Chuck Jones PhD 

ART WORKS

INTRODUCTION


For those of us internally stirred by the urge to create, we each seek ways to capture what personally moves us.


Despite having invested heavily in developing some facility in the world of words, first as a literature major and later as a clinical psychologist, I’ve long recognized I will never be able to write the novel I want to read.


By contrast, in the world of water media, I’ve discovered how, by approaching my efforts with receptive curiosity, I can create images I want to view and patterns that, somehow, feel meaningful to me.


So, that’s where I’m now devoting my energy, later in life. Doing so makes every morning I awake to walk into the studio a day worth … walking into the studio.




PROCESS



Describing my process for creating work requires a couple iterations.



Iteration 1: I go out to my studio every morning and paint most of the day. Sometimes, I’m moved by something I’ve seen or by a dream or by a feeling state. Often, I just paint, lately without brushes. As the day move along, it’s not unusual for me to feel discouraged but I’ve learned to just keep doing something and see what I discover. Kind of an if-you-paint, it-will-come approach. It can be daunting. But, then, isn’t most of living, if you engage it?



Iteration 2: I’m self-taught in that I did not go to art school and have only done a couple of workshops. Instead, I mostly operate from my experiments. The most important workshop – hence, my most important teacher, who is still in my life in her 89th year – is Mary Todd Beam, a water media contemporary artist (her designation) who has received the Dolphin Award from the American Watercolor Society. I like to think it’s because she can swim so fluidly with the paint. I once said to her, “You love the colors so much, it’s no wonder they perform magically for you.” It’s not an exaggeration.



Mary tells a joke she heard from her Grandmother, so it’s likely a century old:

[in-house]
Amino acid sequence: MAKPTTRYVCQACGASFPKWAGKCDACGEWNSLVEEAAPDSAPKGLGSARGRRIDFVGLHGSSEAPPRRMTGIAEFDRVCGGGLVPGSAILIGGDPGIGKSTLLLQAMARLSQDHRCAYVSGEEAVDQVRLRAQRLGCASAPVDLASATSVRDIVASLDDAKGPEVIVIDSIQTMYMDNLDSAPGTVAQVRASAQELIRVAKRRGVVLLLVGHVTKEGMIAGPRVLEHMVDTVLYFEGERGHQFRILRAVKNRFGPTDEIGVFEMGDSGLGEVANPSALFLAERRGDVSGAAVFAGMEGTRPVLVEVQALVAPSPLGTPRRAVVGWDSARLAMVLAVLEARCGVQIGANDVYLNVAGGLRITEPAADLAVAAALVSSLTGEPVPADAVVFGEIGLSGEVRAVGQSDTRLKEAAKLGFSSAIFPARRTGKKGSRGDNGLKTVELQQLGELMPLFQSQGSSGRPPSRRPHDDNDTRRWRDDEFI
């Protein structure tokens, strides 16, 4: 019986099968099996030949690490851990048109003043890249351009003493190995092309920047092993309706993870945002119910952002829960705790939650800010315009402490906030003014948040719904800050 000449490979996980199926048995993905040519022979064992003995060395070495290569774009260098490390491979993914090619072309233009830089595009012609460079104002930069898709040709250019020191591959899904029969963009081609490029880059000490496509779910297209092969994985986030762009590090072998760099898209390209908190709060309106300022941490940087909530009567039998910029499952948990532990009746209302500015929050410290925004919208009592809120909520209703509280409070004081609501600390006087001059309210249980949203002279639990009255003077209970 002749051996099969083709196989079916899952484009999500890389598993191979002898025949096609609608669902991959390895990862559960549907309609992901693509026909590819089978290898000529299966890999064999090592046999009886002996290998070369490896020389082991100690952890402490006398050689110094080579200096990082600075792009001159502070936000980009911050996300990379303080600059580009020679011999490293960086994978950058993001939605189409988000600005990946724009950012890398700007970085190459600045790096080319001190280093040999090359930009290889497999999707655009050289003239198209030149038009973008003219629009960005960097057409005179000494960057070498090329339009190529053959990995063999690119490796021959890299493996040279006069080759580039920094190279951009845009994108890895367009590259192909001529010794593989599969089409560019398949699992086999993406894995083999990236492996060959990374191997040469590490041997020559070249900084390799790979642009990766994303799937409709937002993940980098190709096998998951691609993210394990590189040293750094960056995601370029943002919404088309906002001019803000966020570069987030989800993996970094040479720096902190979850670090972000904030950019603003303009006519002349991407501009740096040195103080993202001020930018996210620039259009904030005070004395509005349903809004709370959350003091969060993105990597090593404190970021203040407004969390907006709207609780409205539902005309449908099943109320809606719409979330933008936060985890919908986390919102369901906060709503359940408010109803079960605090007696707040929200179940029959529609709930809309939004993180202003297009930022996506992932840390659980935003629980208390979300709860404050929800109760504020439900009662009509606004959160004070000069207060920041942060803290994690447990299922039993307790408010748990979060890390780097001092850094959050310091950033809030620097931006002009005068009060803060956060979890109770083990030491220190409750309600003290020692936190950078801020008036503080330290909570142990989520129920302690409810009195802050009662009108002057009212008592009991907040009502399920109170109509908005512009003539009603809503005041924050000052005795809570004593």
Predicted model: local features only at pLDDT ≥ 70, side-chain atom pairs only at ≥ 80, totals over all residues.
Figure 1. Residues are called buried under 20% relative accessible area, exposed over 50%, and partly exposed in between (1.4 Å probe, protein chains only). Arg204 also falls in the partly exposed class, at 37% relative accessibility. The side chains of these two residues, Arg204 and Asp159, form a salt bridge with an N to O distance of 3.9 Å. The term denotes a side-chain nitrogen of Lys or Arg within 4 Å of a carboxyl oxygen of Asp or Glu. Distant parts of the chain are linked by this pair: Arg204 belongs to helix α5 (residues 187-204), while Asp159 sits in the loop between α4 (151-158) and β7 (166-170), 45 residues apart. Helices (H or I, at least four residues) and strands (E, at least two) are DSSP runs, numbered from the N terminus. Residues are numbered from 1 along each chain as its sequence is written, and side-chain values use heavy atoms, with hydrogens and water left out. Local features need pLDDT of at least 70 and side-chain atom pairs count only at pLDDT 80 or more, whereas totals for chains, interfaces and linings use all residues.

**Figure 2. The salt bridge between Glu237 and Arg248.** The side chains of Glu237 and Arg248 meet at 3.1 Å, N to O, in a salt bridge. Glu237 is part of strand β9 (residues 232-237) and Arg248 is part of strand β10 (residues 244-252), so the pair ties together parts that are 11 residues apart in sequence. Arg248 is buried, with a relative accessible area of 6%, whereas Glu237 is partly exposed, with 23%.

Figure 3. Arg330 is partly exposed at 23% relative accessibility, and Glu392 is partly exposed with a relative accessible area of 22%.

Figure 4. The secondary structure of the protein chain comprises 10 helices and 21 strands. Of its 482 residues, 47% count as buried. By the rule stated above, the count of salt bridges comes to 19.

A mother cat was outside watching her kittens play. One of them strayed into the neighbor’s yard and a ferocious German Shepard chased after it, growling and snapping. Terrified, the kitten fled back to his mother.



She purred, nuzzled her frighten little one, and confidently proclaimed,


“Children, let me show you how to handle this.”



She then strolled over to the fence.



Menacingly, the neighbor’s dog charged again, snarling; teeth bared, hair standing on end.



Mother Cat calmly puffed herself up, continued sauntering toward him, and, in the loudest, deepest voice she could muster, barked,



“WOOF! WOOF! WOOF!”



Cowering, the dog immediately, dropped to the ground,  then submissively slunk away, tail between his legs.



Quite satisfied, Mother Cat turned back to her kittens and pronounced,


“Children, that’s the advantage to being bilingual.”



Lest my point remain obscure: My process is, at a minimum, bilingual.



On the one hand, I work very hard to articulate my experiences – ephemeral though they might be – into words. I don’t care how hard it is. I don’t care how slippery might be the feeling. I don’t care how aversively the experience strikes me. I insist that just beyond the edge of what I can put into language is something worth putting into language. If I persist, try some words, read them, revise, try some more …. If I keep up that process, I will learn something. Something, again, just beyond the edge of what I knew.



And, invariably, it turns out to be a something with an amusing twist to it. That aspect strikes me as important. If we can’t find some amusement in this being-alive-as-a-human-being state of existence, what’s the point? So, I insist.



On the other hand,  and here’s the bilingual part: I approach my painting exactly the same way. It’s just that, rather than employing words, I use paint (and, sometimes pencils). See the point? I strive to articulate something just beyond what I can see or comprehend; however, in this context articulating requires tools of expression other than words.



So, I paint (or draw) and look. And then revise. And, when I get frustrated, I revise some more. And eventually, just as it happens with verbal language, something will emerge through my use of a visual language.



And, of course, I insist on finding something amusing along the way. Otherwise, what fun would it be?









2019 National-Juried Shows:


• 13th Arts & Culture Alliance show at the Emporium in Knoxville, TN
• Loss, Redemption, and Grace exhibit at EBD4 in Atlanta.
• 4th place and Special Merit award: “Primary Colors” Art Exhibition 2019
• Honorable Mention plus two other pieces accepted: Fusion Art: Line, Shapes, and Objects – July 2019


2020 National/International-Juried Exhibitions


• Paint: Medium as Power in a Time of Crisis National Juried Exhibition – Barrett Art Center
• Knoxville Photo 2020 National Exhibition at the Emporium Center: Three photos selected
• Art In the Time of Corona™ - A Global Art Project: DAB ART
• The Black and White Show 2020 – Core New Art Space
• Unleashed – 2020 – Gallery Underground